IN THE WAKE OF THE SHIV SENA CHIEF Bal Thackeray’s death on 19 November, Mumbai almost completely shut down. Offices closed, shops shuttered, and residents holed up indoors, as the party’s supporters forced a bandh on the city to honour their leader’s life. Shaheen Dhada, a 21-year-old medical student, was hardly alone in her annoyance; her reaction, in keeping with the zeitgeist, was to post a message on Facebook, lamenting that “everyone just goes bonkers” because “one politician died a natural death”. Her friend Renu Srinivasan, upon reading the post, hit the “Like” button, ostensibly expressing her support for Dhada’s sentiment. Within hours of the post, police officers arrested both Dhada and Srinivasan under Section 66A of the Information Technology Act of 2000 (The IT Act), a sweeping provision of law that treats as a criminal offence online speech that so much as offends another person or causes “annoyance” or “inconvenience” (among other things). Offences under Section 66A are also cognizable, meaning police have the power to register a first information report, investigate, and arrest the accused—all without a warrant from a court of law.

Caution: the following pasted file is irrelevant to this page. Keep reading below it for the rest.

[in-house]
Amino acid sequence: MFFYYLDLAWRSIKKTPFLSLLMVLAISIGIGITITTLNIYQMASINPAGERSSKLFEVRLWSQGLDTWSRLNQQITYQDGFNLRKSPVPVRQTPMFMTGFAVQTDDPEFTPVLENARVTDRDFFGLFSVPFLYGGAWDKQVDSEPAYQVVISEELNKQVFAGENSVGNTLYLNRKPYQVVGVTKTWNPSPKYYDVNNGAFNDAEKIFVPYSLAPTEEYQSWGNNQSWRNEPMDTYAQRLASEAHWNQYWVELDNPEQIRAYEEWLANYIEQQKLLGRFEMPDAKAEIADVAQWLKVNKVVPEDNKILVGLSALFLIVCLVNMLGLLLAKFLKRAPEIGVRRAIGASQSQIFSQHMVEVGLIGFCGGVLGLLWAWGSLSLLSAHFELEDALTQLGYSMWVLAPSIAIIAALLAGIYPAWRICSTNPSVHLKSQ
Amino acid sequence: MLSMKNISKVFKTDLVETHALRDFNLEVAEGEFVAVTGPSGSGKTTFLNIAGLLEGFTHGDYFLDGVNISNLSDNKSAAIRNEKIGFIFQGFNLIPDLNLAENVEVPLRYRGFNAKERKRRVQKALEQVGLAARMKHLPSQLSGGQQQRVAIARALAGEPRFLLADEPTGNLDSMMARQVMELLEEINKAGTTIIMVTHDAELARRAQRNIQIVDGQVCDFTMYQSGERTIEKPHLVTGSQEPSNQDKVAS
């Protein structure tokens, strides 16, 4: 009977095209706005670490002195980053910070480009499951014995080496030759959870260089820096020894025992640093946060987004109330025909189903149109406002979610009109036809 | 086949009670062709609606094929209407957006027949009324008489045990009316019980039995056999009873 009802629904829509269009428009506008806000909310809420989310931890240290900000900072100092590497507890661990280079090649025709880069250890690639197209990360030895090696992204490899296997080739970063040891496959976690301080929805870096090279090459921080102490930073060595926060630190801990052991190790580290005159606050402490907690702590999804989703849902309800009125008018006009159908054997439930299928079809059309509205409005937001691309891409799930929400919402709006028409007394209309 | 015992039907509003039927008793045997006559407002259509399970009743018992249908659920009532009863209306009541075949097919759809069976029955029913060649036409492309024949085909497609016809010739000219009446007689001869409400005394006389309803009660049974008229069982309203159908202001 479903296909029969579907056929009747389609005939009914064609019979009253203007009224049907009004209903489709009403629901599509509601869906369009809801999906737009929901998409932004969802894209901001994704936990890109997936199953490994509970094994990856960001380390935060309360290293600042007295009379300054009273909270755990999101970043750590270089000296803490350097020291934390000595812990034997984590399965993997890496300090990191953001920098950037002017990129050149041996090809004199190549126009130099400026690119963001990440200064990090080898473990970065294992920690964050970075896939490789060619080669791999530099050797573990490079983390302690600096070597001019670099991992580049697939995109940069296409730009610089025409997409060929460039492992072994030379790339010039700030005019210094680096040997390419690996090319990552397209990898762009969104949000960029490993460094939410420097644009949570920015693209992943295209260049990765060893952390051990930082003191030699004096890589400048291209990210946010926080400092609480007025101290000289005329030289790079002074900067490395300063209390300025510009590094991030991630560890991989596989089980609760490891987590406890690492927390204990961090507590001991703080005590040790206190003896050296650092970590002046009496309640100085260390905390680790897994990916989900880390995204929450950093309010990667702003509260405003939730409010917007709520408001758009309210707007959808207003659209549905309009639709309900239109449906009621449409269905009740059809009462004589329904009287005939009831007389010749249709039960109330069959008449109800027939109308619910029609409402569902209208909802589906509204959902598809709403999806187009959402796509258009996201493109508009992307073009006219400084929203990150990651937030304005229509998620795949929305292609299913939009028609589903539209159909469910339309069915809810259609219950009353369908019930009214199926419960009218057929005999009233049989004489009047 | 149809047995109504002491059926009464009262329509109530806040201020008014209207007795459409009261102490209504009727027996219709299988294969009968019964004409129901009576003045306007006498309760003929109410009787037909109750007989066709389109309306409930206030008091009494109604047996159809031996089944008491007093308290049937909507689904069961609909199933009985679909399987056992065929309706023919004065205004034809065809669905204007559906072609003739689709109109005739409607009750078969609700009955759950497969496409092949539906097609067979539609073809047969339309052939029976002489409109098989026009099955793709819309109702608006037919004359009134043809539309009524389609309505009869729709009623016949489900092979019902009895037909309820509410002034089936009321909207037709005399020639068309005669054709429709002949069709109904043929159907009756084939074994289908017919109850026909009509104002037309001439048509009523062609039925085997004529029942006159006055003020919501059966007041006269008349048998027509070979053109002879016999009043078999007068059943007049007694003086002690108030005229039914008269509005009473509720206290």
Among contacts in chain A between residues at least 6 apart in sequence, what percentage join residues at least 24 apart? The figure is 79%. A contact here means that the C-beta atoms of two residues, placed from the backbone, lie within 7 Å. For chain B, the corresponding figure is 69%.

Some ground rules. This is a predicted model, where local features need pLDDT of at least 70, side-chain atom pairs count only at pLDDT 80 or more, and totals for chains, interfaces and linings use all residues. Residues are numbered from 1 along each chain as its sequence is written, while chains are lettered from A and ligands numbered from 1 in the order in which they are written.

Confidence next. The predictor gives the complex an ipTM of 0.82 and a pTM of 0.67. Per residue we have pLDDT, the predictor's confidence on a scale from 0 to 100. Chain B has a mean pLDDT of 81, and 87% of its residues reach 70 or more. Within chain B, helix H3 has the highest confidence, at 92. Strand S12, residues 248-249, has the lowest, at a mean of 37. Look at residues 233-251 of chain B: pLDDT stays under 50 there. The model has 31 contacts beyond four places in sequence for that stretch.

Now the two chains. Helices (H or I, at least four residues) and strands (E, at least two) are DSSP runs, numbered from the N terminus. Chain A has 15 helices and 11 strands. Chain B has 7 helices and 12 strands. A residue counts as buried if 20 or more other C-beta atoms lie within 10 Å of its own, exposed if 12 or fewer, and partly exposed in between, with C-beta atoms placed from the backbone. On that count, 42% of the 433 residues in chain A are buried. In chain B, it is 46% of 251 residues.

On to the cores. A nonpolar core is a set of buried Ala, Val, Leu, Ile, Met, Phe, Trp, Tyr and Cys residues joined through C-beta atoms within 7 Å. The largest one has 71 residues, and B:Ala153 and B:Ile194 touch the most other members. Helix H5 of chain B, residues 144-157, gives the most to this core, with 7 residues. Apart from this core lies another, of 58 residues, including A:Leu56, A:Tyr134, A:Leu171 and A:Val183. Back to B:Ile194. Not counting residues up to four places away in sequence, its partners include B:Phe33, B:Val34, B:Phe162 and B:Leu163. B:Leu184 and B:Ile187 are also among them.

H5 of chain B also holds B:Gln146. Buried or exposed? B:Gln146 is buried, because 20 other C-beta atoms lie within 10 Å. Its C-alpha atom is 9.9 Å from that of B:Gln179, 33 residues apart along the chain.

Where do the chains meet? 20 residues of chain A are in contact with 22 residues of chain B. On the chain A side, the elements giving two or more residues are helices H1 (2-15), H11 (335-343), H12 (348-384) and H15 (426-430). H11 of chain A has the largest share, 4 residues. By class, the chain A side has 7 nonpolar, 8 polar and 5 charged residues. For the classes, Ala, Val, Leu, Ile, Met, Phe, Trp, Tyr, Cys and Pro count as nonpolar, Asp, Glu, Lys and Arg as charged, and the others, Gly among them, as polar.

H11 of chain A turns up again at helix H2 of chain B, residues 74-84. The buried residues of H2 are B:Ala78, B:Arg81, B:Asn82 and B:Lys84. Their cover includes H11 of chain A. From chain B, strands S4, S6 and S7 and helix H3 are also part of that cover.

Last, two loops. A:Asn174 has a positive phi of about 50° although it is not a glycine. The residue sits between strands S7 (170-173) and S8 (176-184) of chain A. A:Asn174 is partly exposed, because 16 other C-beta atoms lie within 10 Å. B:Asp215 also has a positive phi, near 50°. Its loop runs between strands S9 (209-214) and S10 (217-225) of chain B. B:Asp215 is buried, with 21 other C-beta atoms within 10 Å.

In the aftermath of the young women’s arrests—they have since been released—there has been a popular uproar over Section 66A, which many consider a patently unconstitutional provision. There have been widespread calls for the repeal of the law, and two public interest litigations have been filed questioning the provision’s validity, one in the Madras High Court and another in the Supreme Court. Demands for an amendment to the section have also been debated in the Rajya Sabha.
But in the clamour over the illegality of the substantive contents of Section 66A, procedural gaps in the law, which have an equally pernicious impact on our civil rights, have been completely overlooked. In fact, the IT Act in its entirety is susceptible to wanton executive abuse.